A beautiful glow has been creeping over Loch of the Lowes this week, as the wildlife acknowledges the arrival of spring with a flurry of activity. The ospreys, already committed to their brood continue to invest their time and energy in protecting the nest and providing for the family. However the male is showing signs that despite his experience he has not learned all the lessons of the past. This morning while the female was away preening after an early bath, he left the eggs without provocation or obvious cause. Curiously, the female returned during his absence but perched away from the nest in one of her favourite trees close by. Nine nail-biting minutes later, the male returned. We expected he must have been chasing off a crow, but alas he returned with a stick! Hardly justification for leaving the eggs but perhaps we should not judge too harshly.
The warm weather and the resulting drop in the water level has allowed the water lilies to emerge, which heralds the beginning of nest building for the great crested grebes. They have been displaying in front of the hide with their characteristic head flicks, swaying and mirroring. Their nests are built on a platform of lily pads which are conjoined by a feat of avian engineering. It is hoped they will have more success than last year, when they were undone by a mix of incompetence and bad fortune. The goldeneye have also been displaying, with the males whipping their necks to and fro accompanied by their nasal ‘quack’. If you have never witnessed this behaviour, it is worth the trip alone!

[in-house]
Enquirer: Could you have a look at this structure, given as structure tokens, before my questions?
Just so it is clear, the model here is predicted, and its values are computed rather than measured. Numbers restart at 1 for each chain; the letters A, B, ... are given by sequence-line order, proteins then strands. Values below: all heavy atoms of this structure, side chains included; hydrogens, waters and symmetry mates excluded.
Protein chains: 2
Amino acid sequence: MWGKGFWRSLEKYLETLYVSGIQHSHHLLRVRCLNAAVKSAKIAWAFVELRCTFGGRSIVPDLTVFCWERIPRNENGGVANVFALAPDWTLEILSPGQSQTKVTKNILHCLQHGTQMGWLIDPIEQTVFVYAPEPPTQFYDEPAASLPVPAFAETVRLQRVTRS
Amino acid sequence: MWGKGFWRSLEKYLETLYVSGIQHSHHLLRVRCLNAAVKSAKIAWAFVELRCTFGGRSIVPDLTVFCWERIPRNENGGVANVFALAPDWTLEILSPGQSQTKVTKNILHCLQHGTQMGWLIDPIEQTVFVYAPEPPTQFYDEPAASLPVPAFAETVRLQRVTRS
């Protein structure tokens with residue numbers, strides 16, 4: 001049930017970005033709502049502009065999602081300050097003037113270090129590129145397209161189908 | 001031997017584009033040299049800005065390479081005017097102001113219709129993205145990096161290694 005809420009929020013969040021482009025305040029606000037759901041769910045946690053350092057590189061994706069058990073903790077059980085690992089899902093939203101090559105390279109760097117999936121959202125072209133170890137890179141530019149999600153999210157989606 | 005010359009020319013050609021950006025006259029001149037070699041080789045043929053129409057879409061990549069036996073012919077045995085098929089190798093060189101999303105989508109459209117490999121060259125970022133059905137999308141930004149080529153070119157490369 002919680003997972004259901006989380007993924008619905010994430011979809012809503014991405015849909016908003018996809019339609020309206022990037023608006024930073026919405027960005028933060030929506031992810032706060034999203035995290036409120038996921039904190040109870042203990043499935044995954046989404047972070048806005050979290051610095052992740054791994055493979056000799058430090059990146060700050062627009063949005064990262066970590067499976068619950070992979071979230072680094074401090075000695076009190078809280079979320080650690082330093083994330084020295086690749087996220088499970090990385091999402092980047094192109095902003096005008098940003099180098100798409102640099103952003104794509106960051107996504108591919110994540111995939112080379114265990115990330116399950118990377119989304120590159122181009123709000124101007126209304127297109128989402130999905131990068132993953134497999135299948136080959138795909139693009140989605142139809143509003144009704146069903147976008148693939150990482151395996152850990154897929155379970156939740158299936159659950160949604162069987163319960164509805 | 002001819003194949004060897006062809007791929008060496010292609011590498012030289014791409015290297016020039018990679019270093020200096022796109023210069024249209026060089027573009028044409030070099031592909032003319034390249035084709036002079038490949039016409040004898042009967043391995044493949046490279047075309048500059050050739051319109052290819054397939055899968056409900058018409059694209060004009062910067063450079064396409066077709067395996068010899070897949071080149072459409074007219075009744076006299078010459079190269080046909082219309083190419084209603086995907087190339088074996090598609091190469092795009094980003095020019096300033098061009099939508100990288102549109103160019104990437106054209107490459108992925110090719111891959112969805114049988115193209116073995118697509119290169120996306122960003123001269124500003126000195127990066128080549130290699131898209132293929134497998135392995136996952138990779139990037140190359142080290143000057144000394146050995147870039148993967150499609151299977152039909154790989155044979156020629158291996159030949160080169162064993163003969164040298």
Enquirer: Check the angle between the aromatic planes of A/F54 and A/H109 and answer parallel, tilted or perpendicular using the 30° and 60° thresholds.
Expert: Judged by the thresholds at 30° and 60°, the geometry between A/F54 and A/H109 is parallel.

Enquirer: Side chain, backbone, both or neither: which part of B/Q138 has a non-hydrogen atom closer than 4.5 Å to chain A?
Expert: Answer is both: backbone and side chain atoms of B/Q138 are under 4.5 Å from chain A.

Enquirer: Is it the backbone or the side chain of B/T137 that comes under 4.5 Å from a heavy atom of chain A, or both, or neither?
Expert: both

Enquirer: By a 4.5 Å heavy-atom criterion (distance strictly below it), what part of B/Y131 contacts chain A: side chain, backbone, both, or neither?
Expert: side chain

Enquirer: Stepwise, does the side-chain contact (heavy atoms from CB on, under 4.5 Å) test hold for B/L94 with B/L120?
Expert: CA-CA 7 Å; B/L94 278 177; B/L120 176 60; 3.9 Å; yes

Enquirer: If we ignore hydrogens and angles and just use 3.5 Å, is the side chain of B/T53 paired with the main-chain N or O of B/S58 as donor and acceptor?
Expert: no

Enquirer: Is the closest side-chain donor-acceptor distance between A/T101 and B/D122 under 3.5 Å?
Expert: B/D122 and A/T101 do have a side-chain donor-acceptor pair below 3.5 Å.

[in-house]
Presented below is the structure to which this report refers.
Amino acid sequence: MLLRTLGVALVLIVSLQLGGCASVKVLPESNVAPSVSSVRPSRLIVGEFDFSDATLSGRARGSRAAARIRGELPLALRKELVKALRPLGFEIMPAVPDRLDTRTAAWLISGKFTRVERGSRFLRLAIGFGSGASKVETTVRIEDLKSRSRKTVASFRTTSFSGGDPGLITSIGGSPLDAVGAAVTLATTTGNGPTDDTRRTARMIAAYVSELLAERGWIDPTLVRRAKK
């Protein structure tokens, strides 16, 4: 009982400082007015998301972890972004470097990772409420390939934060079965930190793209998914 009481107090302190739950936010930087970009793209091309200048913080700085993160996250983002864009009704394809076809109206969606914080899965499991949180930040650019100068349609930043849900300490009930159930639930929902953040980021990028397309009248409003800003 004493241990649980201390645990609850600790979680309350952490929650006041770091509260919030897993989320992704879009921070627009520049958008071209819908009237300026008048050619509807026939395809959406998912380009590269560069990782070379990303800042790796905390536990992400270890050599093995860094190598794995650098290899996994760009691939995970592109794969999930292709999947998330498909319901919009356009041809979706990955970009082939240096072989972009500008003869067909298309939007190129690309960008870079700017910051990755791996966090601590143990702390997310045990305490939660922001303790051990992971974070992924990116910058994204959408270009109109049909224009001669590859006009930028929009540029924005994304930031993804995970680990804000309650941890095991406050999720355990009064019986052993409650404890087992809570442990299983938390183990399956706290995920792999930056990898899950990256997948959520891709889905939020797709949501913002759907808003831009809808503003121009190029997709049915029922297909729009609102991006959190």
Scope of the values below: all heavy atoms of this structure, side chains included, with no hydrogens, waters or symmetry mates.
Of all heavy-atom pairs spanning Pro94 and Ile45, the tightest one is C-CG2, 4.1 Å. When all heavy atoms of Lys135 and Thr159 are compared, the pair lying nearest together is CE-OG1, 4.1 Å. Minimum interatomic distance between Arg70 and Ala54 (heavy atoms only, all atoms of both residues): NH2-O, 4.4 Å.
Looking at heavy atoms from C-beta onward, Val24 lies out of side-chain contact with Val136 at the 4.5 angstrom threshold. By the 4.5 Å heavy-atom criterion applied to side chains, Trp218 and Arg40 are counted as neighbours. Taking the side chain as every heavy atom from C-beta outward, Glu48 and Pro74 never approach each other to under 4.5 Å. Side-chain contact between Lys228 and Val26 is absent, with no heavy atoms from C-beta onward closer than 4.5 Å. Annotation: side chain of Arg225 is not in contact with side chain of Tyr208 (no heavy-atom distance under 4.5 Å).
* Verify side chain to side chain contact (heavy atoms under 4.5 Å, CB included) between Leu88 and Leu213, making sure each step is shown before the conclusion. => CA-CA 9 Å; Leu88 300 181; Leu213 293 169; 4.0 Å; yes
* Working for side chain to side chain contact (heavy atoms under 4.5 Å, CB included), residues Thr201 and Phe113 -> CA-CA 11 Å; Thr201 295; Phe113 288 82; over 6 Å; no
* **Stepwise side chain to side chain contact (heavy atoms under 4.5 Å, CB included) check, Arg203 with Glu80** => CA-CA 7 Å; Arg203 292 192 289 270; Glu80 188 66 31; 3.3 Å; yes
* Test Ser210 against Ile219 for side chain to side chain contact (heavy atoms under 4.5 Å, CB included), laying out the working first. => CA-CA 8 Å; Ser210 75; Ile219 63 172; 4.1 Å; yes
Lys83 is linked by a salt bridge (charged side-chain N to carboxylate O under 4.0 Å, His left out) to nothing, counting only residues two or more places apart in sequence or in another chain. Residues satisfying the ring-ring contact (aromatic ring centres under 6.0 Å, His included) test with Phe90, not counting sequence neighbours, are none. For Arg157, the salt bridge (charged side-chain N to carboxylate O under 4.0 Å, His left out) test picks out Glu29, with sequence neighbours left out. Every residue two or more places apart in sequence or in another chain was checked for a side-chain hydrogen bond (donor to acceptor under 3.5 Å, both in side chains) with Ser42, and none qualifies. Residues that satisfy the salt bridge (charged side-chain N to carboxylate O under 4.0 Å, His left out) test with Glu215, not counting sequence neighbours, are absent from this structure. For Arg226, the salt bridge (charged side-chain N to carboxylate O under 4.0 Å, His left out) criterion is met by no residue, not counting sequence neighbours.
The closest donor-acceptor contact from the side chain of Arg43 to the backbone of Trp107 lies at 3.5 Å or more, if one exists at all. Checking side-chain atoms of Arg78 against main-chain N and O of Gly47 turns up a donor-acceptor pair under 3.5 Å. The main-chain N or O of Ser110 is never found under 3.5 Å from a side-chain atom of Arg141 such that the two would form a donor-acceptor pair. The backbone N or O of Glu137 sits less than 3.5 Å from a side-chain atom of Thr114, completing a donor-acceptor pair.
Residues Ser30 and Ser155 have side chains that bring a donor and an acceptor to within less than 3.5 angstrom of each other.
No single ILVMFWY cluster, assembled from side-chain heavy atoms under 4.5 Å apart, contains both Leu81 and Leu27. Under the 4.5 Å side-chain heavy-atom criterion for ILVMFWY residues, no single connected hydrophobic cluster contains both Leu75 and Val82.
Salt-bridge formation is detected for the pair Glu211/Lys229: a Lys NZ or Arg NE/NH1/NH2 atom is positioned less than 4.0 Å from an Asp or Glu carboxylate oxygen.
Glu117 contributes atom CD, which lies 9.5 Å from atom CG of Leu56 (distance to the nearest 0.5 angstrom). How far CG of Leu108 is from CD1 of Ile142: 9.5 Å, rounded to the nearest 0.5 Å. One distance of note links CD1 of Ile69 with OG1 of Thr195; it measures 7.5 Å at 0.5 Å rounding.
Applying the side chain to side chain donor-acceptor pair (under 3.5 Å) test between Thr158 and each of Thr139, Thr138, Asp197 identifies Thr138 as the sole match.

One swallow does not make a summer, but four swallows might! These iconic birds never fail to put a smile on our faces, just by appearing from their migration. The sand martins have been feasting on the emergent insects as they hurtle above the loch surface at incredible speed. We look forward to being joined by their cousins, the house martins and the swifts. The blue tits have started collecting moss and lichen in earnest in our camera box, and the starlings have set about nest building in boxes and and old woodpecker holes. A pair of reed buntings have been visiting the new reed growth immediately under the main hide providing superb photo opportunities, and blackcaps have returned to our climes. Less common sightings this week include a redpoll in the feeding area and a turnstone on the loch shore, which is quite unusual so far from the coast
Early flowering plants including cowslips and lady’s smock are adding colour to the reserve and the first orange-tip butterflies are fluttering through the grass. Spring brings a new wave of optimism and hopefully good omens for our star attractions, the ospreys.
Species Protection Officer.